Livro DRI 2006 (Micronutrientes)

Livro DRI 2006 (Micronutrientes)


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the desaturation of
oleic acid is reduced, and synthesis of eicosatrienoic acid from oleic acid in-
creases. A lack of dietary n-6 polyunsaturated fatty acids is characterized by
rough scaly skin, dermatitis, and an elevated eicosatrienoic acid:arachidonic
acid (triene:tetraene) ratio.
n-3 Polyunsaturated Fatty Acids
A lack of a-linolenic acid in the diet can result in clinical symptoms of a defi-
ciency (e.g., scaly dermatitis). Unlike essential fatty acid deficiency (of both n-6
and n-3 fatty acids), plasma eicosatrienoic acid (20:3 n-9) remains within nor-
mal ranges, and skin atrophy and scaly dermatitis are absent when the diet is
only deficient in n-3 fatty acids.
Because of their function, growing evidence suggests that dietary n-3 poly-
unsaturated fatty acids (EPA and DHA) may reduce the risk of many chronic
diseases including CHD, stroke, and diabetes. For example, n-3 fatty acids may
reduce CHD risk through a variety of mechanisms, such as by preventing
arrhythmias, reducing atherosclerosis, decreasing platelet aggregation and plasma
Copyright © National Academy of Sciences. All rights reserved.
Dietary Reference Intakes: The Essential Guide to Nutrient Requirements
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136 DRIs: THE ESSENTIAL GUIDE TO NUTRIENT REQUIREMENTS
triacylglycerol concentration, slightly increasing HDL concentration, modulat-
ing endothelial function, and decreasing proinflammatory eicosanoids.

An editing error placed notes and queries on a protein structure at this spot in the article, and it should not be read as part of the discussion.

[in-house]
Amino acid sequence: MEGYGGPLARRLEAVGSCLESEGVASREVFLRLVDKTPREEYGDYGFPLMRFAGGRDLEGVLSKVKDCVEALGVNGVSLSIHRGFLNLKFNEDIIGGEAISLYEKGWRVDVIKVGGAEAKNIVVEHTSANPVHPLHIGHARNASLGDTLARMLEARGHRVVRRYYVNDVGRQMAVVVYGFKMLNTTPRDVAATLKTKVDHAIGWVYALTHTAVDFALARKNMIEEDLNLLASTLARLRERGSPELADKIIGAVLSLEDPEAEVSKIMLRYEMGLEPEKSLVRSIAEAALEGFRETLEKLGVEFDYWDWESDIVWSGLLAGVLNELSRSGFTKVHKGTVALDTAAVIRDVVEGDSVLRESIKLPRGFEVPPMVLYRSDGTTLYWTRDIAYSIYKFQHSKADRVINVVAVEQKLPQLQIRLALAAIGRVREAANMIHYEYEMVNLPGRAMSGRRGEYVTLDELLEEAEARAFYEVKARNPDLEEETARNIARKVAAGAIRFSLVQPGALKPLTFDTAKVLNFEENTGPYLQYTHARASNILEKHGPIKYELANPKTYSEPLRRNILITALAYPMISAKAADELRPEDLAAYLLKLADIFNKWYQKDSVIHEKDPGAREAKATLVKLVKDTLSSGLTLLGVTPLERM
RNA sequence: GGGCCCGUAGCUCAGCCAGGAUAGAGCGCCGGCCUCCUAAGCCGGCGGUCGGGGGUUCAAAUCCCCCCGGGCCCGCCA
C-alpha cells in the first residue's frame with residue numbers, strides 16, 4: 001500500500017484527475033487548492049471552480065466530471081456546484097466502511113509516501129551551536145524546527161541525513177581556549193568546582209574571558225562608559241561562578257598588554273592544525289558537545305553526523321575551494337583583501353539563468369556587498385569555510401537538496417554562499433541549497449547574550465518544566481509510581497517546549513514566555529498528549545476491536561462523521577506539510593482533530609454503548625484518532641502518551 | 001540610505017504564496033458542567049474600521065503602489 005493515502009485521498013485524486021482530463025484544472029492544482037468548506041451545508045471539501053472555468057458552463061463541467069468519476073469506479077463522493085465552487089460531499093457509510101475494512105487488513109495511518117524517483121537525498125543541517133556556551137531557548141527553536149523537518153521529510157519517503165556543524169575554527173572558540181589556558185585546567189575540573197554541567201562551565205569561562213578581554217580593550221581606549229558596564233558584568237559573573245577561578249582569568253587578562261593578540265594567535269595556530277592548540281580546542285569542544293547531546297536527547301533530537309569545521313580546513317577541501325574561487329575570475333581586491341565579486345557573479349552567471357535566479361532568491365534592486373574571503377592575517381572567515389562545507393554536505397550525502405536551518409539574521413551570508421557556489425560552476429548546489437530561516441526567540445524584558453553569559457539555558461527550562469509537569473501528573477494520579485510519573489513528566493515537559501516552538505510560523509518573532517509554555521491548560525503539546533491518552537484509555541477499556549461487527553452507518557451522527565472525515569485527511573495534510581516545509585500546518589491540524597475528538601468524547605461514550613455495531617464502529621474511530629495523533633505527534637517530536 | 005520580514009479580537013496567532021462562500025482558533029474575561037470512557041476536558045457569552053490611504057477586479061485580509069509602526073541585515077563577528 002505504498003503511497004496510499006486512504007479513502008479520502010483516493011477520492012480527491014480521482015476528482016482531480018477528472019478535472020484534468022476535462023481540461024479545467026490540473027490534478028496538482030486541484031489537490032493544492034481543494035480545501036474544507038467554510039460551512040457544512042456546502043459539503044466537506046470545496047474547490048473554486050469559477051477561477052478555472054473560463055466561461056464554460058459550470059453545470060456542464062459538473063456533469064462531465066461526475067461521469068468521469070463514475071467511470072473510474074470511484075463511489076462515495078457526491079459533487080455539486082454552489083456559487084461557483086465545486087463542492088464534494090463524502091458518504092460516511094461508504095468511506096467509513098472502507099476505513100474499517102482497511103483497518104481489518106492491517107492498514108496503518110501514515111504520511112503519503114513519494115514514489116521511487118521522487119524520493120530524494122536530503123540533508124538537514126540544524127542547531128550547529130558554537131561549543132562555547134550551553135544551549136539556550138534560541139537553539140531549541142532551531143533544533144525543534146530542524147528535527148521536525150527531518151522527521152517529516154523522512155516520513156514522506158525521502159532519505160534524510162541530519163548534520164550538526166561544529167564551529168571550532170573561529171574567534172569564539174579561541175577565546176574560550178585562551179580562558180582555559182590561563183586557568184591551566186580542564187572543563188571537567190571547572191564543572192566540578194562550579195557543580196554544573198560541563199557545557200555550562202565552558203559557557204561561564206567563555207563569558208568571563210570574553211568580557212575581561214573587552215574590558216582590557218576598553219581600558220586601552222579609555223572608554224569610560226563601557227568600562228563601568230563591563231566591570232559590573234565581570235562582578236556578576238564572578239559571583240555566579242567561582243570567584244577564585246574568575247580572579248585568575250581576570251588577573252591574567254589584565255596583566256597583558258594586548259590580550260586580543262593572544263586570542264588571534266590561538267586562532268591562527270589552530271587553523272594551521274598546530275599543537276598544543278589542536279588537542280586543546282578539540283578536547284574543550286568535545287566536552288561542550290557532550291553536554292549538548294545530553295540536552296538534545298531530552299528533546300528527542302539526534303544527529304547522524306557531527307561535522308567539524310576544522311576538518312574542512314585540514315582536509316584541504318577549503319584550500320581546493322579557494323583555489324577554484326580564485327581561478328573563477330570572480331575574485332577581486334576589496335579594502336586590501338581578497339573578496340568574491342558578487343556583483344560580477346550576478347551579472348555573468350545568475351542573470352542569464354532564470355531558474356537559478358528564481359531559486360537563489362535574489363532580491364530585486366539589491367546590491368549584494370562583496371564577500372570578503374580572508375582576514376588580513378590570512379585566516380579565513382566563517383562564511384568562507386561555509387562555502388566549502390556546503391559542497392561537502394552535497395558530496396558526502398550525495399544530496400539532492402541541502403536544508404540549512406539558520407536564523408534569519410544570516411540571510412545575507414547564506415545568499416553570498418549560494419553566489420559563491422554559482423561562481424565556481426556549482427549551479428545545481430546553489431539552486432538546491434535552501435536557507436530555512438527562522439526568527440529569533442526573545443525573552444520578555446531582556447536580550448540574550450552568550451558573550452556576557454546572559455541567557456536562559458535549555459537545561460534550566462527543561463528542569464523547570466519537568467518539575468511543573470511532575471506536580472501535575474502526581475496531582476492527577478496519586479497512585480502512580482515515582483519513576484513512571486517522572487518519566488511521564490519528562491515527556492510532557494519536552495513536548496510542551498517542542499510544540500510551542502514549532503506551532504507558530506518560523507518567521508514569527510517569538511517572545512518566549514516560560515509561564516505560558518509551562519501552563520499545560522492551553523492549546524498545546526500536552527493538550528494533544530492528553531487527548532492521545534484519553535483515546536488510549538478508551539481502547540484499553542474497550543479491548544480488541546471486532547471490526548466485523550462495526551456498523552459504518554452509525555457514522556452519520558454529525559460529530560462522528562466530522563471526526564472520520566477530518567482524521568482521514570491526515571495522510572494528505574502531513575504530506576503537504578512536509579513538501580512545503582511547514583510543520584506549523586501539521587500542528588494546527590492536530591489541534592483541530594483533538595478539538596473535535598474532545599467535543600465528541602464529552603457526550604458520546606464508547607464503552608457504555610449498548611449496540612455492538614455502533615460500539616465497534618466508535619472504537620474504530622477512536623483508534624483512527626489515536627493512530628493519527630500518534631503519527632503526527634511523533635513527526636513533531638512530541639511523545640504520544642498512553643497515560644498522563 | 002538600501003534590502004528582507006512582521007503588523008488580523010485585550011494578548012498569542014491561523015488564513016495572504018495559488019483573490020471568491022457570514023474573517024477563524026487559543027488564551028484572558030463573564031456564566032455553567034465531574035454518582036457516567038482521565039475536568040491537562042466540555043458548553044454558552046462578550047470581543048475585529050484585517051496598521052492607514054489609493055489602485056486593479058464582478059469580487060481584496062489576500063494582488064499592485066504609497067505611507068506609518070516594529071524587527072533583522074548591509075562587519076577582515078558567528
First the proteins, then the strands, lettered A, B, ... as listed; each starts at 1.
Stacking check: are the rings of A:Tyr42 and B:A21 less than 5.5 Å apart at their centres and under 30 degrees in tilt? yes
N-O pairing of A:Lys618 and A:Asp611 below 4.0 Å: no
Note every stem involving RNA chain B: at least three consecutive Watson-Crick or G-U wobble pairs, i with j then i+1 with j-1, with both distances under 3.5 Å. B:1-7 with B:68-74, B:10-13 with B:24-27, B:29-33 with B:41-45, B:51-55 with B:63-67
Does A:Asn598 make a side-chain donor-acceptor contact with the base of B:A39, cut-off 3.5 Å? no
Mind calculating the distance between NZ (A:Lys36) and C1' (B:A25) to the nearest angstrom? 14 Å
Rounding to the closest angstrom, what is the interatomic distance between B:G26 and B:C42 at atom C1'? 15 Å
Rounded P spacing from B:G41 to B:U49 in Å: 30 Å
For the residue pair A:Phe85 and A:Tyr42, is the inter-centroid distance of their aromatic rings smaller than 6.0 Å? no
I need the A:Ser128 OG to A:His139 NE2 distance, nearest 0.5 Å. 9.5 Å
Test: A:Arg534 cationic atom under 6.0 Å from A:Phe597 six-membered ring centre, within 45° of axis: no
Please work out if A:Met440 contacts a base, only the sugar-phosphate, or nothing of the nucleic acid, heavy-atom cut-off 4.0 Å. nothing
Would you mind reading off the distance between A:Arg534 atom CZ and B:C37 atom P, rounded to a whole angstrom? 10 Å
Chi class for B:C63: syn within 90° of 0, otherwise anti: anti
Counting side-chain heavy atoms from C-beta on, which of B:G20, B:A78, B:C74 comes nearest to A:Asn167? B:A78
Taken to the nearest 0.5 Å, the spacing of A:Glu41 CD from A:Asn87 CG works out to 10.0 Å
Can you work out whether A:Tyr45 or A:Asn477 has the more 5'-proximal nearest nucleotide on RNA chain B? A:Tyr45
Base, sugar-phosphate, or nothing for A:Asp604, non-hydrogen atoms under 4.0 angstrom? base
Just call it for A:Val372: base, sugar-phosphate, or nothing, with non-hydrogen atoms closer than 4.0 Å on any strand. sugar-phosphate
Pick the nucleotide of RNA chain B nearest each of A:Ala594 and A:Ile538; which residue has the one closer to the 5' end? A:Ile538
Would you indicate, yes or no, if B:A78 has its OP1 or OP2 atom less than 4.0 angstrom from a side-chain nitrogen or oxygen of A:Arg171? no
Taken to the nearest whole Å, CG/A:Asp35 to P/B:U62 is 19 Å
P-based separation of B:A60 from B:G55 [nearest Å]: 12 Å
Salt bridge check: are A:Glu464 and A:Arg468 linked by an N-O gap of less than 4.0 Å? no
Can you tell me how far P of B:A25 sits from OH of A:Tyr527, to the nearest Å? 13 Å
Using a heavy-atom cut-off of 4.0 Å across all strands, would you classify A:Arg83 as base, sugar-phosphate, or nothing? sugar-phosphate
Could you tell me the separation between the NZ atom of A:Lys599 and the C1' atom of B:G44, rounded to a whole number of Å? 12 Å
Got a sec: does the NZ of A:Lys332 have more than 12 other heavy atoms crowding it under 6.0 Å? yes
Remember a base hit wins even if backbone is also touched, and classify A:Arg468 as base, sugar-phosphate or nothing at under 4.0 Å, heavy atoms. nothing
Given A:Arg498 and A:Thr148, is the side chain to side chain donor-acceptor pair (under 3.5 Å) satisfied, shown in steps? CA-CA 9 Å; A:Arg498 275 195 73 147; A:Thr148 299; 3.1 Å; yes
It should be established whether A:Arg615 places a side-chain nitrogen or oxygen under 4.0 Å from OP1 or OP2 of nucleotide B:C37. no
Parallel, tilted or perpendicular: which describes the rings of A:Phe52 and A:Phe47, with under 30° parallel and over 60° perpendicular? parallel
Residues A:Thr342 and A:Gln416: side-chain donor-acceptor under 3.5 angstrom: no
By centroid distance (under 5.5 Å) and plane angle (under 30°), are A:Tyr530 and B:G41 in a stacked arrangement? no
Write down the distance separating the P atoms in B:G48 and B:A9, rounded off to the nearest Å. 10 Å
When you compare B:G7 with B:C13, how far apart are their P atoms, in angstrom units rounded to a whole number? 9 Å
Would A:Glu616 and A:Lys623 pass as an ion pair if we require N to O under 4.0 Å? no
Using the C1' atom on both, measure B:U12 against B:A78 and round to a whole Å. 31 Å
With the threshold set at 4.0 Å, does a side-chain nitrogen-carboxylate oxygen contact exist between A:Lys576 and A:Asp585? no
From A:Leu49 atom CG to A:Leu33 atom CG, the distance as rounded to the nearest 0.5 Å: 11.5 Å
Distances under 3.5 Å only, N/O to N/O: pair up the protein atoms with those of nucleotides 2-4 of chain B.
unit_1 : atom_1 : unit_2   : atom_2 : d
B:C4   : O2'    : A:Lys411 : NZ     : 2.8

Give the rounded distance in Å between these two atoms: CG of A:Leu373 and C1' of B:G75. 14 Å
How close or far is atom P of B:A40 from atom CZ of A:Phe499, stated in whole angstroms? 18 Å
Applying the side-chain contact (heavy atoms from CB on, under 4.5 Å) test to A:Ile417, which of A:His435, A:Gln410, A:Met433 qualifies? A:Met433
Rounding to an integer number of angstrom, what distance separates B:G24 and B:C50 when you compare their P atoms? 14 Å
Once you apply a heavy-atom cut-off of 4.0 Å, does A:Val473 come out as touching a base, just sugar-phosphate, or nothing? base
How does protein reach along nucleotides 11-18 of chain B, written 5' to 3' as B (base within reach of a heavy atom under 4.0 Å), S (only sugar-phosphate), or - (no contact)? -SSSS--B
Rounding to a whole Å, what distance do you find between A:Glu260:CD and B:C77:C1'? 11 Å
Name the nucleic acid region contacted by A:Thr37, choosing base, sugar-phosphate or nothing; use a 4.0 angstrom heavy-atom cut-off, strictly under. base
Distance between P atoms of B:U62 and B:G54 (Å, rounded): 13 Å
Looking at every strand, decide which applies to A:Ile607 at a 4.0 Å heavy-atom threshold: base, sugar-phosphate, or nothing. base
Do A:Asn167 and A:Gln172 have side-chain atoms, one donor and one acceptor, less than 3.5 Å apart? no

ADVERSE EFFECTS OF OVERCONSUMPTION
As mentioned earlier, there is no defined level of fat intake at which an adverse
effect, such as obesity, can occur. An AMDR for fat intake, however, has been
estimated based on potential adverse effects occurring from consuming low-fat
and high-fat diets (see Part II, \u201cMacronutrients, Healthful Diets, and Physical
Activity\u201d). High-fat diets in excess of energy needs can cause obesity. Several
studies have shown associations between high-fat intakes and an increased risk
of CHD, cancer, and insulin resistance. However, the type of fatty acid con-
sumed is very important in defining these associations. The potential adverse
effects of overconsuming fatty acids are summarized in Table 5.
Special Considerations
Individuals sensitive to n-3 polyunsaturated fatty acids: People who take hy-
poglycemic medications should consume n-3 fatty acids with caution. Because
n-3 fatty acids may excessively prolong bleeding time, DHA and EPA supple-
ments should be taken with caution by people who take anticoagulants, includ-
ing aspirin and warfarin.
Exercise: High-fat diets may result in a positive energy balance and therefore in
weight gain under sedentary conditions. Active people can probably consume
relatively high-fat diets while maintaining their body weight. Athletes may not
be able to train as effectively on short-term (fewer than 6 days) high-fat diets as
they could on high-carbohydrate diets. It is important to note that physical
activity may account for a greater percentage of the variance in weight gain than
does dietary fat.
Genetic factors: Some data indicate that genes may affect the relationship be-
tween diet and obesity. Some people with relatively high metabolic rates appear
to be able to eat high-fat diets (44 percent of energy from fat) without becoming
obese. Intervention studies have shown that people susceptible to weight gain
and obesity appear to have an impaired ability to oxidize more fat after eating
high-fat meals.
Alcohol: Significant alcohol intake (23 percent of energy) can depress fatty acid
oxidation. If the energy derived from alcohol is not used, the excess is stored as
fat.
Copyright © National Academy of Sciences. All rights reserved.
Dietary Reference Intakes: The Essential Guide to Nutrient Requirements
http://www.nap.edu/catalog/11537.html
PART II: DIETARY FAT 137
TABLE 5 Potential Adverse Effects of Fatty Acid